Bakers, under the aegis of the Premium BreadMakers Association of Nigeria, have announced their readiness to increase the prices of bread following the rising costs of baking materials.
This was disclosed by the President of the association, Emmanuel Onuorah, during a recent interview with The PUNCH.
stating that the recent developments in the global marketplace had not translated into a better operating environment for local bakers.
The planned hike follows a recent strike action by PBAN, as well as the Association of Master Bakers and Caterers of Nigeria, which culminated in a 15 per cent hike in bread prices barely two weeks ago.
According to Onuorah, many PBAN members had been forced to shut down business operations this year due to the skyrocketing cost of doing business.
He said, “The price of bread is going up again. The millers just increased prices by N2000. Sugar refiners increased by N2000. We had a N10,000 increase between last week and this week. We are increasing prices again. Preservatives increased by N2000, and butter increased by N2000. So, we have to respond. For us as an industry, our own is garbage in, garbage out. If the price of wheat comes down today, and the price of fuel comes down, certainly we will look at the price of our products and act accordingly.”
Onuorah also urged the Federal Government to open up a forex window for industry players, particularly the flour millers. This, he said, would significantly address the indiscriminate increase in the prices of flour in the market.
“When we went on withdrawal of services, flour was N28,500. Today it is N30,500,” Onuorah said.
On July 22, 2022, Russia and Ukraine signed an agreement to free more than 20 million tonnes of grain stuck in Ukraine’s Black Sea ports. The agreement, brokered with support from the United Nations and Turkey, was projected to have major implications on global food security and food prices. The inability of Ukraine to export grain from its Black Sea ports had severely reduced the supply of food to import-dependent African and Middle Eastern countries.
Before the war in Ukraine, Ukraine had been a bread basket—providing wheat, maize, and barley to countries throughout Asia, Africa, and the Middle East.
According to a recent publication by the World Bank, export prices of cereal indices were stable over the past 2 weeks, with the agricultural index closing at the same level as two weeks ago. The export index went up by two per cent, but the cereal index went down by one per cent.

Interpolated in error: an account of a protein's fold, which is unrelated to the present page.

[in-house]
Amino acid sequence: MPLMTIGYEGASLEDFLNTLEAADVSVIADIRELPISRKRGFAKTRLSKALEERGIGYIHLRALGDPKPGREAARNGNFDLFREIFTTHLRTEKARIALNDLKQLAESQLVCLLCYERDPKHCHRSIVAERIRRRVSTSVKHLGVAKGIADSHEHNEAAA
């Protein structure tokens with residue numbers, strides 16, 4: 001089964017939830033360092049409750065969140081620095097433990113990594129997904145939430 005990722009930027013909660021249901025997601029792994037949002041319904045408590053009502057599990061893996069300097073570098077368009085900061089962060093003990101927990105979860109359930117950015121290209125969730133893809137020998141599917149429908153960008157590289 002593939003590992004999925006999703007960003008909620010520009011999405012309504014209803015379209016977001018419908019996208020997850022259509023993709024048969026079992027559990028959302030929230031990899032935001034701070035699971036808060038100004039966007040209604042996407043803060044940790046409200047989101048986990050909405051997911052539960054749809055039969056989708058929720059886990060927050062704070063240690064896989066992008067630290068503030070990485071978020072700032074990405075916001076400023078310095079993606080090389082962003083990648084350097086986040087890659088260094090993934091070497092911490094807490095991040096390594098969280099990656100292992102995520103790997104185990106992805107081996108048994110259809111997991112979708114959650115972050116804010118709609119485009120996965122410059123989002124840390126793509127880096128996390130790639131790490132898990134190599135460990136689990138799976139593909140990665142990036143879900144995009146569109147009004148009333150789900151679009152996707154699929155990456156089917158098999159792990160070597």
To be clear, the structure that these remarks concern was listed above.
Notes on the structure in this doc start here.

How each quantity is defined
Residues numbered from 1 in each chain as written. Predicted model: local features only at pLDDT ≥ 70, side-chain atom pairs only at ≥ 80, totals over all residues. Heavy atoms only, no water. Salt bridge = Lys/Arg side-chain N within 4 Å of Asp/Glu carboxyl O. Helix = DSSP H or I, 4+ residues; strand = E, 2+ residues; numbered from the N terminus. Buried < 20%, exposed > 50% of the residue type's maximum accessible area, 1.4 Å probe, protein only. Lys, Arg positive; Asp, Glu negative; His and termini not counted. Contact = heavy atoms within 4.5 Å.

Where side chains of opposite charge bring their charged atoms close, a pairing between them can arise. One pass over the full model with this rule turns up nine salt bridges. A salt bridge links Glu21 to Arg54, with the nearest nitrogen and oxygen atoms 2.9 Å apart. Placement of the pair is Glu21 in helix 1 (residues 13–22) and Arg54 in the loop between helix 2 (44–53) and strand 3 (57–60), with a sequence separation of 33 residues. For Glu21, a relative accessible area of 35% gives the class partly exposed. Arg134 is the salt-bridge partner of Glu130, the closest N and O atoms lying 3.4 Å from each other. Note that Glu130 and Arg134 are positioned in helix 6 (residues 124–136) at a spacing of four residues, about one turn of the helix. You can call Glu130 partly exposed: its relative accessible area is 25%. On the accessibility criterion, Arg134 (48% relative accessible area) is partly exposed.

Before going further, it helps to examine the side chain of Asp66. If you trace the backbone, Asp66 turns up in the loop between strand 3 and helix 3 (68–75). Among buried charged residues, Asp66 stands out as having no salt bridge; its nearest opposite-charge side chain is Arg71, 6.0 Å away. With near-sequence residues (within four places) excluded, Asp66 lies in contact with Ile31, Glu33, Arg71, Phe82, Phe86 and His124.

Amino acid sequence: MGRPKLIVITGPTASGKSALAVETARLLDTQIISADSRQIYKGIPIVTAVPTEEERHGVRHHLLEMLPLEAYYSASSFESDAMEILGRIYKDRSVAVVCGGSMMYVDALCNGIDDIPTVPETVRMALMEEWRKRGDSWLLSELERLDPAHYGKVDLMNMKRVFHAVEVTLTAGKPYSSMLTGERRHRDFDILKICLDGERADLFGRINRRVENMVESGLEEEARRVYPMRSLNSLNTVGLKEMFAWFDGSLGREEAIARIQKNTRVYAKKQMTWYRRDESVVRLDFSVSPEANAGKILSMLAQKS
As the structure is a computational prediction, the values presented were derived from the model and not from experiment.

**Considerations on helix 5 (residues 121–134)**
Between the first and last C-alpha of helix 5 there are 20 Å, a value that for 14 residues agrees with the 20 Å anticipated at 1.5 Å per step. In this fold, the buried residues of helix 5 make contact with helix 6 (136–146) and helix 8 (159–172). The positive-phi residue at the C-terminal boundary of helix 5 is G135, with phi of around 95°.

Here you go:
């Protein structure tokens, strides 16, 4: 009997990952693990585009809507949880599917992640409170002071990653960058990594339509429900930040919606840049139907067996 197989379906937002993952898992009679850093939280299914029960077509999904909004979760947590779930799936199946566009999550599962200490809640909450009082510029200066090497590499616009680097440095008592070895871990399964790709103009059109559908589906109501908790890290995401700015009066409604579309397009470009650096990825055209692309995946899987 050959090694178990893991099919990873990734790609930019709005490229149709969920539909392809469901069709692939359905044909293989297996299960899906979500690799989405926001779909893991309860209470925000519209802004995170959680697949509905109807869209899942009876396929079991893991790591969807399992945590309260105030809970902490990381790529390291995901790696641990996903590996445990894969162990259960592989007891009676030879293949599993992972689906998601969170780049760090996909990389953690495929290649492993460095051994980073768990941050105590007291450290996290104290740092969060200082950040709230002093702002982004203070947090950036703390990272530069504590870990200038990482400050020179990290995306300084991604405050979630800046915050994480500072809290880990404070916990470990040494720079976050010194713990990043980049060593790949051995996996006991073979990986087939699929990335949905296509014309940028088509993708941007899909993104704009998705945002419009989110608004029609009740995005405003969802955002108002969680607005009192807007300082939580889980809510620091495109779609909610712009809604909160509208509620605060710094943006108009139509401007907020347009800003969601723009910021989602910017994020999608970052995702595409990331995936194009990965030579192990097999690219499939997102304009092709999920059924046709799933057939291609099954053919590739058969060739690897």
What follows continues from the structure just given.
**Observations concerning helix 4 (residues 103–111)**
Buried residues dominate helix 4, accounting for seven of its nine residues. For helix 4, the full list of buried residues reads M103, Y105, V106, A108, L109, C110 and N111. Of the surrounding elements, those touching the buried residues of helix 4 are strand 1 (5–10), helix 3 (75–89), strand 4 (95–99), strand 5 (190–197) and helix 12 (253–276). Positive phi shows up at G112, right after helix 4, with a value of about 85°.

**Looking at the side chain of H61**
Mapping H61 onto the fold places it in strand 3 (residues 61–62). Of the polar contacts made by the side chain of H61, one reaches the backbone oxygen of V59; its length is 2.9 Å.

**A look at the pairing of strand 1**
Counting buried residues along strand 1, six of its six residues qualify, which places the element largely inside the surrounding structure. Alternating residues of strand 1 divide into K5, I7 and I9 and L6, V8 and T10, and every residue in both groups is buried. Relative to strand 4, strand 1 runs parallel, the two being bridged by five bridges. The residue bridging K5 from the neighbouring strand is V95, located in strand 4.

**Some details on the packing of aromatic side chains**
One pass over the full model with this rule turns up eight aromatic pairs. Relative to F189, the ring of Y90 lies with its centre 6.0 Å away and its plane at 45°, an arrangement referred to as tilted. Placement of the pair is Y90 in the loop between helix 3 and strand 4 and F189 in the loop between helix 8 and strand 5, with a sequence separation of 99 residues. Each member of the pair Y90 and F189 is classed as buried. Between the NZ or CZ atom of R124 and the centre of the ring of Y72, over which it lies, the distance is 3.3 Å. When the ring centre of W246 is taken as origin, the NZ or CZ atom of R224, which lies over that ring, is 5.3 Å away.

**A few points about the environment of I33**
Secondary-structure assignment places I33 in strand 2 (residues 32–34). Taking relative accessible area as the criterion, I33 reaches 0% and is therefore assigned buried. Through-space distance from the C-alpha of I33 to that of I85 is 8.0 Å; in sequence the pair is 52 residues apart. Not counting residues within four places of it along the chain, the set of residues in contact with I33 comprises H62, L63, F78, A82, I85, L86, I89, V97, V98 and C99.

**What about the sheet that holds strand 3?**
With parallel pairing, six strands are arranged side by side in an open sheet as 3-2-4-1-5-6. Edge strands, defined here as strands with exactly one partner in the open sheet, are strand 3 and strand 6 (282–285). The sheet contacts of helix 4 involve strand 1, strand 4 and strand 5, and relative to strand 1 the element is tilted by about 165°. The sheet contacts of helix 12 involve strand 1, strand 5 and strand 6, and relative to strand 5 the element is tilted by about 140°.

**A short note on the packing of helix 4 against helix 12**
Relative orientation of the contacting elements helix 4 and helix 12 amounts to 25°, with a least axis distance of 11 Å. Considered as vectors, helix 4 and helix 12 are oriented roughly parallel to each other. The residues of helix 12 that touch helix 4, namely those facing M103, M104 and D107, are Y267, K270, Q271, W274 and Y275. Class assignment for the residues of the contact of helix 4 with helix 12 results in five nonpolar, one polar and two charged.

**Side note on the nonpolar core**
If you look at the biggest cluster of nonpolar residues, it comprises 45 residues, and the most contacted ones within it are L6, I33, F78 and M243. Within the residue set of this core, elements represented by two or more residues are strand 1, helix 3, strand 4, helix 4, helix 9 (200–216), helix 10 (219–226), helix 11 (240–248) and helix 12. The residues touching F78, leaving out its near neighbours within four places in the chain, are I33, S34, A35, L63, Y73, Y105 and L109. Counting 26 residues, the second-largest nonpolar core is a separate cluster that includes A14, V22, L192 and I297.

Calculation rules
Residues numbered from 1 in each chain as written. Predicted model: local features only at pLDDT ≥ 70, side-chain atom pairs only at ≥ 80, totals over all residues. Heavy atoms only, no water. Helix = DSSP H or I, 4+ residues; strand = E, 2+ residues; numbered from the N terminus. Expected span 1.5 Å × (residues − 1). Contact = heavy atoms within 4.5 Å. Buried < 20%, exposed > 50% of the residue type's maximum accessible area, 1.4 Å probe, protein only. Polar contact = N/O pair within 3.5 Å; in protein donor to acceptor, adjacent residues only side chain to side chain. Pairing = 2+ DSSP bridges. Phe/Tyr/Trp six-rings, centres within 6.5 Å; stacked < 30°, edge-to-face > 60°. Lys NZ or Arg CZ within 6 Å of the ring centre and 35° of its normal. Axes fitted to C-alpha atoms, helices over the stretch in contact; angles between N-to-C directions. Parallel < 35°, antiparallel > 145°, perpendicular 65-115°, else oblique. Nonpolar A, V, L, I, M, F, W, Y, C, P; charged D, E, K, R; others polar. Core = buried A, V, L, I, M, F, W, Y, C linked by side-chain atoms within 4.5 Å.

The war in Ukraine is having extreme impacts on the world’s poorest countries. The countries at highest risk of a debt crisis are experiencing the additional threat of a food crisis. A recent World Bank blog described the dire situation that many poor countries had been facing since the start of the war, with surging food import bills resulting from high grain prices caused by the war. According to World Bank data, import bills for wheat, rice, and maize are expected to rise by more than one per cent for low-income countries at high risk of a debt crisis— more than double the increase from 2021 to 2022.
In an exclusive chat with our correspondent, the Deputy President of the Lagos Chamber of Commerce and Industry, Dr Gabriel Idahosa, projected some confidence that the price of flour would significantly reduce, given the recent global developments. He, however, warned that other elements in the production chain could ultimately skew the gains that could arise from this fall in flour prices.
He said, “Grain prices worldwide have started coming down since the first shipment arrived. Wheat prices have come down quite rapidly since the agreement was signed. But that is just the grain. All other products will not come down because the situation in the market has not changed, but grain and grain-derived products like bread should fall. Bakers should expect cheaper flour.”
A baker, Olushola, who also spoke with our correspondent, lamented the rapid increase in the price of flour. According to her, bakers now had to review prices on a weekly basis in order to recoup costs and maintain profit margins.
She said, “A bag of flour is now N31,000. That was on Friday. Who knows if it has increased again? We have to review prices regularly. People don’t want to understand, but we are all in this country and we know what is going on in the economy.”